This is an archived article that was published on sltrib.com in 2010, and information in the article may be outdated. It is provided only for personal research purposes and may not be reprinted.
Colorado Springs, Colo.
Early in the fourth quarter Saturday night at Falcon Stadium, Utah quarterback Jordan Wynn rolled out and tossed a short pass to running back Matt Asiata.
With a routine catch, the Utes would convert a fourth-down play and position themselves to extend their commanding lead over Air Force. They would have a relaxing fourth quarter against the Falcons for a change, and everybody in Uteville could begin thinking about next weekend's showdown with Texas Christian.
Asiata dropped the ball.
"That might have been checkmate right there," Ute coach Kyle Whittingham said later.
The coach's decision was defensible, the quarterback's pass was accurate, and all that followed was just what everybody should have expected by now in a Utah-Air Force game.
Suddenly, the Utes went from leading by 18 points and coasting to leading by five points and struggling, needing two fourth-down stops to finally subdue the Falcons' latest and presumably last effort to make Whittingham miserable.
After surviving with a 28-23 victory, Whittingham jokingly threatened that Ute athletic director Chris Hill would be "a dead man" if he ever schedules the Falcons again, while his school moves out of the Mountain West Conference and into the Pac-12.
The boss is likely to heed that warning, the way he was agonizing in the visiting AD's booth. Yet for this season's purposes, all that matters is the Utes are still unbeaten (8-0).
Maybe this thing was far more difficult that it needed to be, but it was adequate. I'm breaking my promise not to compare Air Force's performances against TCU and Utah, but I'm also saying this: The Utes did what they had to do.
They won. Not everybody in the Top 10 could make that claim. Michigan State's loss to Iowa and Missouri's loss to Nebraska will enable the Utes to rise in the Bowl Championship Series standings.
Auburn and Oregon may have played more impressively than Utah, but that's irrelevant.
Not that the stress level was enjoyable for those watching or participating, necessarily.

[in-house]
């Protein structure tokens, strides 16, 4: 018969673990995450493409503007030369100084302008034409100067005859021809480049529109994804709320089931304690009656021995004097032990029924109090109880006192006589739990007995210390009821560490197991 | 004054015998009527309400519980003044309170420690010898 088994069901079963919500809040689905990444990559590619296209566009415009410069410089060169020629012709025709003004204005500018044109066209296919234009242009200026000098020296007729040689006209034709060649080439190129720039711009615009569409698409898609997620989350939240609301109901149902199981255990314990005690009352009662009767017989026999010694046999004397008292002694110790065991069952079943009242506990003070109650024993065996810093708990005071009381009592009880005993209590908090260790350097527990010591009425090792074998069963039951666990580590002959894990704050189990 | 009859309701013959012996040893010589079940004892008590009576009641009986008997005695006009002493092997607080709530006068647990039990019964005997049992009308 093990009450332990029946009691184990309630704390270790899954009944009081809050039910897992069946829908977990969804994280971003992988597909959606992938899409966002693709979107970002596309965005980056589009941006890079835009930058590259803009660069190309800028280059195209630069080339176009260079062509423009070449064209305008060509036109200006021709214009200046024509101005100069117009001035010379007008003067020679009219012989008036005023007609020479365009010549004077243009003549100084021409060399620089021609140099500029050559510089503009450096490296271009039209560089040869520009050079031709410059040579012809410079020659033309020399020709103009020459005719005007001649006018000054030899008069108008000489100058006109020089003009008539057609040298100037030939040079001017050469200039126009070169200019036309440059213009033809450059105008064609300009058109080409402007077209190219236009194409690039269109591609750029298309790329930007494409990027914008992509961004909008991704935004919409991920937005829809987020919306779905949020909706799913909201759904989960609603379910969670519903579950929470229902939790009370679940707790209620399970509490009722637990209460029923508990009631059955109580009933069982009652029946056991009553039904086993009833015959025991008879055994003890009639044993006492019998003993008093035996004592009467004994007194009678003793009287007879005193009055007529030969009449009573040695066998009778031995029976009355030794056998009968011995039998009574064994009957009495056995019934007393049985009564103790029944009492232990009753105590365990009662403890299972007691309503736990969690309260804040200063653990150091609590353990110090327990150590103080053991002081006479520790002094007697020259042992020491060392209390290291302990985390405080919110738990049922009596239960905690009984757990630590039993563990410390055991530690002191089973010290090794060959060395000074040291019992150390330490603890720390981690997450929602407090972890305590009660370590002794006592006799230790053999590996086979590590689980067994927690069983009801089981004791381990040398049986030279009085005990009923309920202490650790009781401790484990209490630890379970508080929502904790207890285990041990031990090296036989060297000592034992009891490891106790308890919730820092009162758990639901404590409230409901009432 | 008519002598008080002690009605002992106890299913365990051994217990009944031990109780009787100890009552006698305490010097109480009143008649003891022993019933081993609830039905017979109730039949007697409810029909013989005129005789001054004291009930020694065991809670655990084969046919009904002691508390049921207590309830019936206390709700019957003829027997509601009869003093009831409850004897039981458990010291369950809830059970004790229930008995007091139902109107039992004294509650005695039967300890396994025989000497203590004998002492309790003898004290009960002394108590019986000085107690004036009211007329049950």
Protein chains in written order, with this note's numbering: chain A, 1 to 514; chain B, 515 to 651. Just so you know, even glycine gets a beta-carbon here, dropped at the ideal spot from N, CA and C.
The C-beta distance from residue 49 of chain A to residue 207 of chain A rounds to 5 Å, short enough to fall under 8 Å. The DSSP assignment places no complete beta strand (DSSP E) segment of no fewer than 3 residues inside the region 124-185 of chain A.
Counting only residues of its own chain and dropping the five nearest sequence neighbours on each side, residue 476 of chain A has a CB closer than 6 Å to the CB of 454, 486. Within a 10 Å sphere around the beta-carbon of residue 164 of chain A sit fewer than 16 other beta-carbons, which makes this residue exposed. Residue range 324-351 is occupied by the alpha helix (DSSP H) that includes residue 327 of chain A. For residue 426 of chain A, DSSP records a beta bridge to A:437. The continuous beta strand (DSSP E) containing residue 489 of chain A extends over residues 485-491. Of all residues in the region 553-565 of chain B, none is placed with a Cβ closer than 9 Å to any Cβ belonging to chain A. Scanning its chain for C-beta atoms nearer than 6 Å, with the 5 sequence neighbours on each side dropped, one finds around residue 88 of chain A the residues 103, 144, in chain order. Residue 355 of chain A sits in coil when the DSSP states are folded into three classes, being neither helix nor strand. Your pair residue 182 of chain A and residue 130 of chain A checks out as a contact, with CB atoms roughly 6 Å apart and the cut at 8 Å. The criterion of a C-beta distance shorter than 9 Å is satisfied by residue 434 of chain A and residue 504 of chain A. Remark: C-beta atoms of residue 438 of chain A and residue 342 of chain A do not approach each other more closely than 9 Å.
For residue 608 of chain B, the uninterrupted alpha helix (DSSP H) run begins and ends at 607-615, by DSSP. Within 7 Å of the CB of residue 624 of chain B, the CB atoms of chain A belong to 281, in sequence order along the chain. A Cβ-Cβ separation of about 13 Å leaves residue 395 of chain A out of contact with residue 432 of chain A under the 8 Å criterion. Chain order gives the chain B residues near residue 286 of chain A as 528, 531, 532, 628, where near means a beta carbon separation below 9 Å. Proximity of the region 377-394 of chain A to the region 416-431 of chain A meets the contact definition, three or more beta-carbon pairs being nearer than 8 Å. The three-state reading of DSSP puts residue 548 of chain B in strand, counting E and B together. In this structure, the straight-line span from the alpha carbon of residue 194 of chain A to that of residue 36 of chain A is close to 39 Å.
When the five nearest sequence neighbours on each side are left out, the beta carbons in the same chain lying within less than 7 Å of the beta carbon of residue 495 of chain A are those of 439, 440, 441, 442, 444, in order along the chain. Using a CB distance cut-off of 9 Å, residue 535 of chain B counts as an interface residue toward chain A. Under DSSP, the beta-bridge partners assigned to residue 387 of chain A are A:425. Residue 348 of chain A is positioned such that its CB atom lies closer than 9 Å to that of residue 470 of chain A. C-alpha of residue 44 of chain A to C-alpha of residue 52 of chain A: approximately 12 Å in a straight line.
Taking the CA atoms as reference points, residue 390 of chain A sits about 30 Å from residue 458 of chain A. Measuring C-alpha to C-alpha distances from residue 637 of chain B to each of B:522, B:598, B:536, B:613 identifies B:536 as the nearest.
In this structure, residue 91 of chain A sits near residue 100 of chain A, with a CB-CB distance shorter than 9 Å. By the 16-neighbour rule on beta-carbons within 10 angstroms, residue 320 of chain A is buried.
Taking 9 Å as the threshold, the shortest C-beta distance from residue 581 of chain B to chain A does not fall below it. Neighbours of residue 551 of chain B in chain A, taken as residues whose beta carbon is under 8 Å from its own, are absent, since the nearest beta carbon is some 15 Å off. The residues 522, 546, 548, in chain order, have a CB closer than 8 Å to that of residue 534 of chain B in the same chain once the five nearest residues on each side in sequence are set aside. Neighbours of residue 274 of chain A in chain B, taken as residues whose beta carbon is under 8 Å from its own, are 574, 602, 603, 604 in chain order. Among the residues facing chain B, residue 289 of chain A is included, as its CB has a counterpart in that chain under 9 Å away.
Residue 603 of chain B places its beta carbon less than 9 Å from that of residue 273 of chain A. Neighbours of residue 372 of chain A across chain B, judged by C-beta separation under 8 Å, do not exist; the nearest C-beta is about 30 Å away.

"We wanted to do a lot more than survive," said Utah offensive lineman Tony Bergstrom. "I mean, there was a point when we didn't feel like this needed to be close."
But it was close, and the Utes steadied themselves. A defense that allowed two big plays for touchdowns in the fourth quarter came through when it counted.
The Utes gave up more yards (252) by halftime than their season average for a full game.
In the first half, takeaways were Utah's salvation. Brandon Burton, Lamar Chapman and Greg Bird caused fumbles and Bird, Brian Blechen and Christian Cox recovered them. Each turnover came at the end of a big play that would have given Air Force a first down in Utah territory.
In the second half, those big stops on fourth-and-short saved the Utes. Blechen and Bird teamed for one play; Bird and Derrick Shelby made the other.
After recording 231 total yards and seven points against TCU, the Falcons posted 411 yards and 23 points against Utah. As for whether the Falcons exposed anything that TCU can take advantage of, however, Whittingham said watching the videotape was not even worthwhile for his defense because the Horned Frogs' offense is so different.
Offensively, the Utes know they will need to upgrade next Saturday. Beating the Frogs will require a "perfect game," Wynn said, after an outing that was obviously not in that category. The Utes gained only 327 total yards, while playing conservatively.
This effort was good enough, though, against Air Force. And that's really the only opponent the Utes were playing Saturday.
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